Brief-therapy, solution-focused approach, therapist is entering the therapy process  by taking a “one step down” position in relation to the applicant. He avoids appearing as having authority, or “wisdom”, because in taking this position it is a risk in moving the client away. Although the applicant comes with difficulties, seeking help and protection, the therapist must return the responsibility to the applicant as soon as possible. The therapist’s responsibility, according to brief therapy, solution-oriented approach, is to “release” the applicant as soon as possible from the therapist’s responsibility. The therapist, from the very first meeting, should start to return the responsibility  to the customer,  in various ways, such as telling the applicant that his experience about the particular issue is not as expected, or tell the applicant that it is right to access treatment with some skepticism about the results, etc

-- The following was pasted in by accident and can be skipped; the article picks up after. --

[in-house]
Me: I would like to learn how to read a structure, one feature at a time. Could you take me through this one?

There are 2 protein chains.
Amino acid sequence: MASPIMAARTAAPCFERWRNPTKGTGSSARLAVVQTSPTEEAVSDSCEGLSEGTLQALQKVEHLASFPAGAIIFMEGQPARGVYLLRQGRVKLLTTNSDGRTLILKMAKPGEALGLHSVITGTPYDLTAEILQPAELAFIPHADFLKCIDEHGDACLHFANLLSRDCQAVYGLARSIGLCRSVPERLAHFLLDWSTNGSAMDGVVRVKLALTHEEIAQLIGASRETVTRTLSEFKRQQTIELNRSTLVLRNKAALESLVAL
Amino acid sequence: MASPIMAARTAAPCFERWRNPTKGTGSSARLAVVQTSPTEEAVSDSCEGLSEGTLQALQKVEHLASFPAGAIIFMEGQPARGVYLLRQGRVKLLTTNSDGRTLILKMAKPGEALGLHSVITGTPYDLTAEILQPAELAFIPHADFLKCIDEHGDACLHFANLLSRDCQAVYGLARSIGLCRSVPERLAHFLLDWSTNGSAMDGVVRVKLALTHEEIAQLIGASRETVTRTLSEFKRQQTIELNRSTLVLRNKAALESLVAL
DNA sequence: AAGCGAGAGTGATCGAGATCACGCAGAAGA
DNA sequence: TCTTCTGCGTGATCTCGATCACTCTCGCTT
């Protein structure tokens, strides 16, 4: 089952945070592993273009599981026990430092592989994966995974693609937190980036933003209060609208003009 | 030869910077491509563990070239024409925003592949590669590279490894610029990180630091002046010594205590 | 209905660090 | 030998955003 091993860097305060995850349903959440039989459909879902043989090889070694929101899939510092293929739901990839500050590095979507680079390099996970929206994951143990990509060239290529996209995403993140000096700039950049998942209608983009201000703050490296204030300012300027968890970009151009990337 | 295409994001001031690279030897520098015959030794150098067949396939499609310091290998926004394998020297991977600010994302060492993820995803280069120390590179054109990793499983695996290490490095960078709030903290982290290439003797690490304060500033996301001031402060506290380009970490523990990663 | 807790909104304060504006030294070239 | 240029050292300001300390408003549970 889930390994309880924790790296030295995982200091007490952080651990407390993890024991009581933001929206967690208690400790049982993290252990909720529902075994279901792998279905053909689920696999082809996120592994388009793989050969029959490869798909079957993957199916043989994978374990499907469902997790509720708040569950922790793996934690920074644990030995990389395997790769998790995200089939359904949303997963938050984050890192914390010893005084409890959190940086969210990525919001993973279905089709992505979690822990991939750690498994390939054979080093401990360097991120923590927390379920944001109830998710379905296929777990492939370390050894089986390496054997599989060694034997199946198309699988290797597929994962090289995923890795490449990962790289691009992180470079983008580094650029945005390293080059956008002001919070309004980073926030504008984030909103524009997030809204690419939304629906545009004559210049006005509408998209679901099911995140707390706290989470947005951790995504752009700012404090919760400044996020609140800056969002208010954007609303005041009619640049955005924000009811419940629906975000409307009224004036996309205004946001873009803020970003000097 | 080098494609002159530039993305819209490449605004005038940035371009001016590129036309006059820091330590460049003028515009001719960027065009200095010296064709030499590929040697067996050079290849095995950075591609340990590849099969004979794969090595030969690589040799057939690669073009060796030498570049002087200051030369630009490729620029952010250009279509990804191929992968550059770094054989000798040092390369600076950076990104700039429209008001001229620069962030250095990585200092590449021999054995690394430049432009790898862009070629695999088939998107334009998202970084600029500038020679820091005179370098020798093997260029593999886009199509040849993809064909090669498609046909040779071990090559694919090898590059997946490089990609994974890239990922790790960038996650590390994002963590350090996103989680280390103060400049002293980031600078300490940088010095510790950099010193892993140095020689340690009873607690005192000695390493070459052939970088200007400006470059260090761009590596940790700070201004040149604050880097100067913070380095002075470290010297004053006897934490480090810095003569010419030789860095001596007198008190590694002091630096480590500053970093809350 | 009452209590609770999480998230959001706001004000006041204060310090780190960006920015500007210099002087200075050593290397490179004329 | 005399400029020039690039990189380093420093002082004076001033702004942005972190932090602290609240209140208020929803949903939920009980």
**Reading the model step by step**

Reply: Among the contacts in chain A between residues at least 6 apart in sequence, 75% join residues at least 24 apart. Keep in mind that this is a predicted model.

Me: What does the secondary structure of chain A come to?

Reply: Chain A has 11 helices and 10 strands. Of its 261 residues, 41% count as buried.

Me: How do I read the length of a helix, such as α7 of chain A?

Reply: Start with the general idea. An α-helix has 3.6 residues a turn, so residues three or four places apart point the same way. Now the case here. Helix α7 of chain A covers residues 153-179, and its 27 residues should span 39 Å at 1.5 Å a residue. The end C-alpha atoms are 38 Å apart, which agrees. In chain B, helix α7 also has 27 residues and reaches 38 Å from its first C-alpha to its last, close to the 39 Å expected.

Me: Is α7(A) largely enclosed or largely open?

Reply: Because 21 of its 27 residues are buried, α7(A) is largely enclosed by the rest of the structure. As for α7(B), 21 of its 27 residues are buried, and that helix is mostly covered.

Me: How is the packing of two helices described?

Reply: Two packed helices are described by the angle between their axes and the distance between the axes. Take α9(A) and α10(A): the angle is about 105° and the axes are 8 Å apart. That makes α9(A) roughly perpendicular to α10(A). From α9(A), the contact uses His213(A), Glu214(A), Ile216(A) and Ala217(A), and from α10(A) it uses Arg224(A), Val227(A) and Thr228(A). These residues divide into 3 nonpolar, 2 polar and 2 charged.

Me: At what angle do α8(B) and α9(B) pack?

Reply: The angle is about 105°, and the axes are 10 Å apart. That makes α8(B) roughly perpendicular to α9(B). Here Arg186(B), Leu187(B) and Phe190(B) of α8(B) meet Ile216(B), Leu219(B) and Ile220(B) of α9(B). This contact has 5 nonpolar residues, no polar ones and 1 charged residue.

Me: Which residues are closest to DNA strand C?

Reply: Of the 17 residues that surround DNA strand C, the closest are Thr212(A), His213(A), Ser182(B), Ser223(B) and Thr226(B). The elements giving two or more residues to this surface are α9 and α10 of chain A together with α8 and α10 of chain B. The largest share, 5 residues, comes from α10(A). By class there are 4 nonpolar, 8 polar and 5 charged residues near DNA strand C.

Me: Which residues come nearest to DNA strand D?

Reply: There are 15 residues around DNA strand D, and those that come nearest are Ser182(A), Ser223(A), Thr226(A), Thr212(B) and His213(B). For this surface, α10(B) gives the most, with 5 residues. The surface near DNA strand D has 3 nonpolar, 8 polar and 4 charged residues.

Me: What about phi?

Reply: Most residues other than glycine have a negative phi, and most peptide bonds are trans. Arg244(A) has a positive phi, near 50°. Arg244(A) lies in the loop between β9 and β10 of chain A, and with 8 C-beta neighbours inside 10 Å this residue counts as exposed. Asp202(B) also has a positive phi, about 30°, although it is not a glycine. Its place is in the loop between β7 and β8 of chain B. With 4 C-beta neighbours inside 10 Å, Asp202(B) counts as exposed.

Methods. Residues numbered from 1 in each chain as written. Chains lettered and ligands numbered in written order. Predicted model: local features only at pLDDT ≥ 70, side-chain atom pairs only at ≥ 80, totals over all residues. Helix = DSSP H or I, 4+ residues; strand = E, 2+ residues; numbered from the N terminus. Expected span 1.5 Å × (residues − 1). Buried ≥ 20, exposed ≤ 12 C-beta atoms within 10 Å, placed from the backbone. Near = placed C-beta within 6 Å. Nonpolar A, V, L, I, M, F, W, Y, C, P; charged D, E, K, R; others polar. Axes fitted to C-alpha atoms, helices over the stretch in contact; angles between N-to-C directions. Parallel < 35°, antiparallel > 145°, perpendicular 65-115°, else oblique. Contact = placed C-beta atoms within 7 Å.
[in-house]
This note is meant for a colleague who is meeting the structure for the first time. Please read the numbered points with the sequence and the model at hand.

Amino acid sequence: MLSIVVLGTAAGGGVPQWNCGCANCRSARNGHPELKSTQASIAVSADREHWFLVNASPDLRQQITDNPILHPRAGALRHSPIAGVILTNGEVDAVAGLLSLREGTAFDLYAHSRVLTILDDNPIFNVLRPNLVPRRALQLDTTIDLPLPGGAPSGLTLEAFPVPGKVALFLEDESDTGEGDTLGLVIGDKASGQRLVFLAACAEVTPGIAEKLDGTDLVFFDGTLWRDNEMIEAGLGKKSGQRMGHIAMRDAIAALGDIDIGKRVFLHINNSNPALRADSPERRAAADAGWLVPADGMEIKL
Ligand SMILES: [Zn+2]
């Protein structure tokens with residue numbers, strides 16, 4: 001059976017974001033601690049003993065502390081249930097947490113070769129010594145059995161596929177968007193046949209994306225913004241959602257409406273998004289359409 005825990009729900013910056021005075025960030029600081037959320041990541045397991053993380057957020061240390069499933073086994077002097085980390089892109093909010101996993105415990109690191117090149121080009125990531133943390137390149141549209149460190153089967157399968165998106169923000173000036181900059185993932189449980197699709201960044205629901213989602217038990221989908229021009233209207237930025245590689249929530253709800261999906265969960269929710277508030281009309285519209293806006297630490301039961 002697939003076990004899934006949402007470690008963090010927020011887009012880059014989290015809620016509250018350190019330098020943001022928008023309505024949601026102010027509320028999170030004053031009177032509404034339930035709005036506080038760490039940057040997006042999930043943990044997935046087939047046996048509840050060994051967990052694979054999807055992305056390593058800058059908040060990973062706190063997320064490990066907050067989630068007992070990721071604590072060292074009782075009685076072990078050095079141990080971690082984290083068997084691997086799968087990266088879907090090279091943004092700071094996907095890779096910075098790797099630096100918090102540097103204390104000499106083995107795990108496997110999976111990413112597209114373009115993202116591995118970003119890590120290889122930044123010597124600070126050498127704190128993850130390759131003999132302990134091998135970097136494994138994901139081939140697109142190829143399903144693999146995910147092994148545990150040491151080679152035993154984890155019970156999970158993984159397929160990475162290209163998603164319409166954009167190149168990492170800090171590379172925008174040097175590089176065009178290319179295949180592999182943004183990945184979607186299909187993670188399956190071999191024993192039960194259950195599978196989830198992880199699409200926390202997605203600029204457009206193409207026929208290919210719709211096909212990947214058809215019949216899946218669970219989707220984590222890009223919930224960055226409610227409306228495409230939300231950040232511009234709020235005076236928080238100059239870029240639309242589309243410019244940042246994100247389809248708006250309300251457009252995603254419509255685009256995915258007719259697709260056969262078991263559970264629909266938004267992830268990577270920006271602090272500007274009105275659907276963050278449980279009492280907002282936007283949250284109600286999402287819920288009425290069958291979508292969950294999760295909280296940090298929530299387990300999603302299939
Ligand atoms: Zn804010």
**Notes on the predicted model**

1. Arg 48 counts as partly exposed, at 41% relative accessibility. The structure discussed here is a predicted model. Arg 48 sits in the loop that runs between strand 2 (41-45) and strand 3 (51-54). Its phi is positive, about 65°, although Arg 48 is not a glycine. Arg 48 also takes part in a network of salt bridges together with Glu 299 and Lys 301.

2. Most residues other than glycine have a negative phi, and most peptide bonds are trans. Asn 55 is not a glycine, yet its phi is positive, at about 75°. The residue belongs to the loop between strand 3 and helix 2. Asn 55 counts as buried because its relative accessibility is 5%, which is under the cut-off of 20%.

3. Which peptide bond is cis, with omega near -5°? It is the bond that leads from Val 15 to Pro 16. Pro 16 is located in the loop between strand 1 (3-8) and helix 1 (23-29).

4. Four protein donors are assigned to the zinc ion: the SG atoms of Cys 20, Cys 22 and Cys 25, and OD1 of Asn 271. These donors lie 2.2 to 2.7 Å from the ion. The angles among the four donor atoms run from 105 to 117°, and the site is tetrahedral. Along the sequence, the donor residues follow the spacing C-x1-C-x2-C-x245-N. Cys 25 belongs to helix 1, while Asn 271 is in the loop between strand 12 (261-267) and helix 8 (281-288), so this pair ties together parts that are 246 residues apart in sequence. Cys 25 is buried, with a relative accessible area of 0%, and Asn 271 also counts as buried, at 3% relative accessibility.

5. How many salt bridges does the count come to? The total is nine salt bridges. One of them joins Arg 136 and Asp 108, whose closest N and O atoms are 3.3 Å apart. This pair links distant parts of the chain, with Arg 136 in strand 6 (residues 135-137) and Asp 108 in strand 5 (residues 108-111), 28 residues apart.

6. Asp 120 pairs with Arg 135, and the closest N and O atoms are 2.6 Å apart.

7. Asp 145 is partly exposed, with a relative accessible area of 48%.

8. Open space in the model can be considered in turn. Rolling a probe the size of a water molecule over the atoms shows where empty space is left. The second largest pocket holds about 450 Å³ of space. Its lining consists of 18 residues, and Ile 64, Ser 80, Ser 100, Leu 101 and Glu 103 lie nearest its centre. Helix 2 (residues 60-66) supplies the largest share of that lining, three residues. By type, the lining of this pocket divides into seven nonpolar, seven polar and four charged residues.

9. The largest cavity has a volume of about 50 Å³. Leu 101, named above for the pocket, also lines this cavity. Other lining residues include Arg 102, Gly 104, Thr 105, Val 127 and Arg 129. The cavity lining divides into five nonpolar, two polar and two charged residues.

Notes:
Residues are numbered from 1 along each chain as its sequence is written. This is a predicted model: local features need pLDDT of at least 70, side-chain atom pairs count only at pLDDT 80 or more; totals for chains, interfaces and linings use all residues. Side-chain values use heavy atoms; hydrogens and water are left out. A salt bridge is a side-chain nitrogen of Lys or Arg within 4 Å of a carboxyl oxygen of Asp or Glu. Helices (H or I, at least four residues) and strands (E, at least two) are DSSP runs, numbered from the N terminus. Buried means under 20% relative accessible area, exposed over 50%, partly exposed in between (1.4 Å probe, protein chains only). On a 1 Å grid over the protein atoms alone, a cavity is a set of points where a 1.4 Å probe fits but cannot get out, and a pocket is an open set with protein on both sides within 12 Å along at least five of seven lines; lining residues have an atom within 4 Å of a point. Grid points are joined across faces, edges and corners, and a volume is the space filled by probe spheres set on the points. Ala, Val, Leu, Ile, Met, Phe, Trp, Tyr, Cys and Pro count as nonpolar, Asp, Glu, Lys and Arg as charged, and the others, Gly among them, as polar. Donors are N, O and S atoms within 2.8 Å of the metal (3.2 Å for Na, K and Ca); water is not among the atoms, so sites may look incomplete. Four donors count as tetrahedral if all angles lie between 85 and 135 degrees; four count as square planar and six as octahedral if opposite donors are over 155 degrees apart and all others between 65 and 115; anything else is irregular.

A brief therapy, solution-focused, oriented therapist is taking a “one step down” tactic relation to the client to allow him to open without hesitation. The question is how much the client wants to open. The therapist should remember that the client brings a difficulty, and he should make him “sweat” (realy want) to solve it in order to have confidence he did it by himself and not the therapist.  The question here is, of course, how to relate to authority? The answer is, that we have to consider how power is beneficial, when and in what situations.

Practitioners, and brief therapy, solution-focused oriented therapists, have great confidence in themselves but they do not show it. They get the power from the other, the customer, from the necessity that the other has to handle the problem. It seems that the great achievement of the brief therapy, solution focused, oriented therapist is, that the  customer will get change without ascribing the achievement to the therapist’s involvement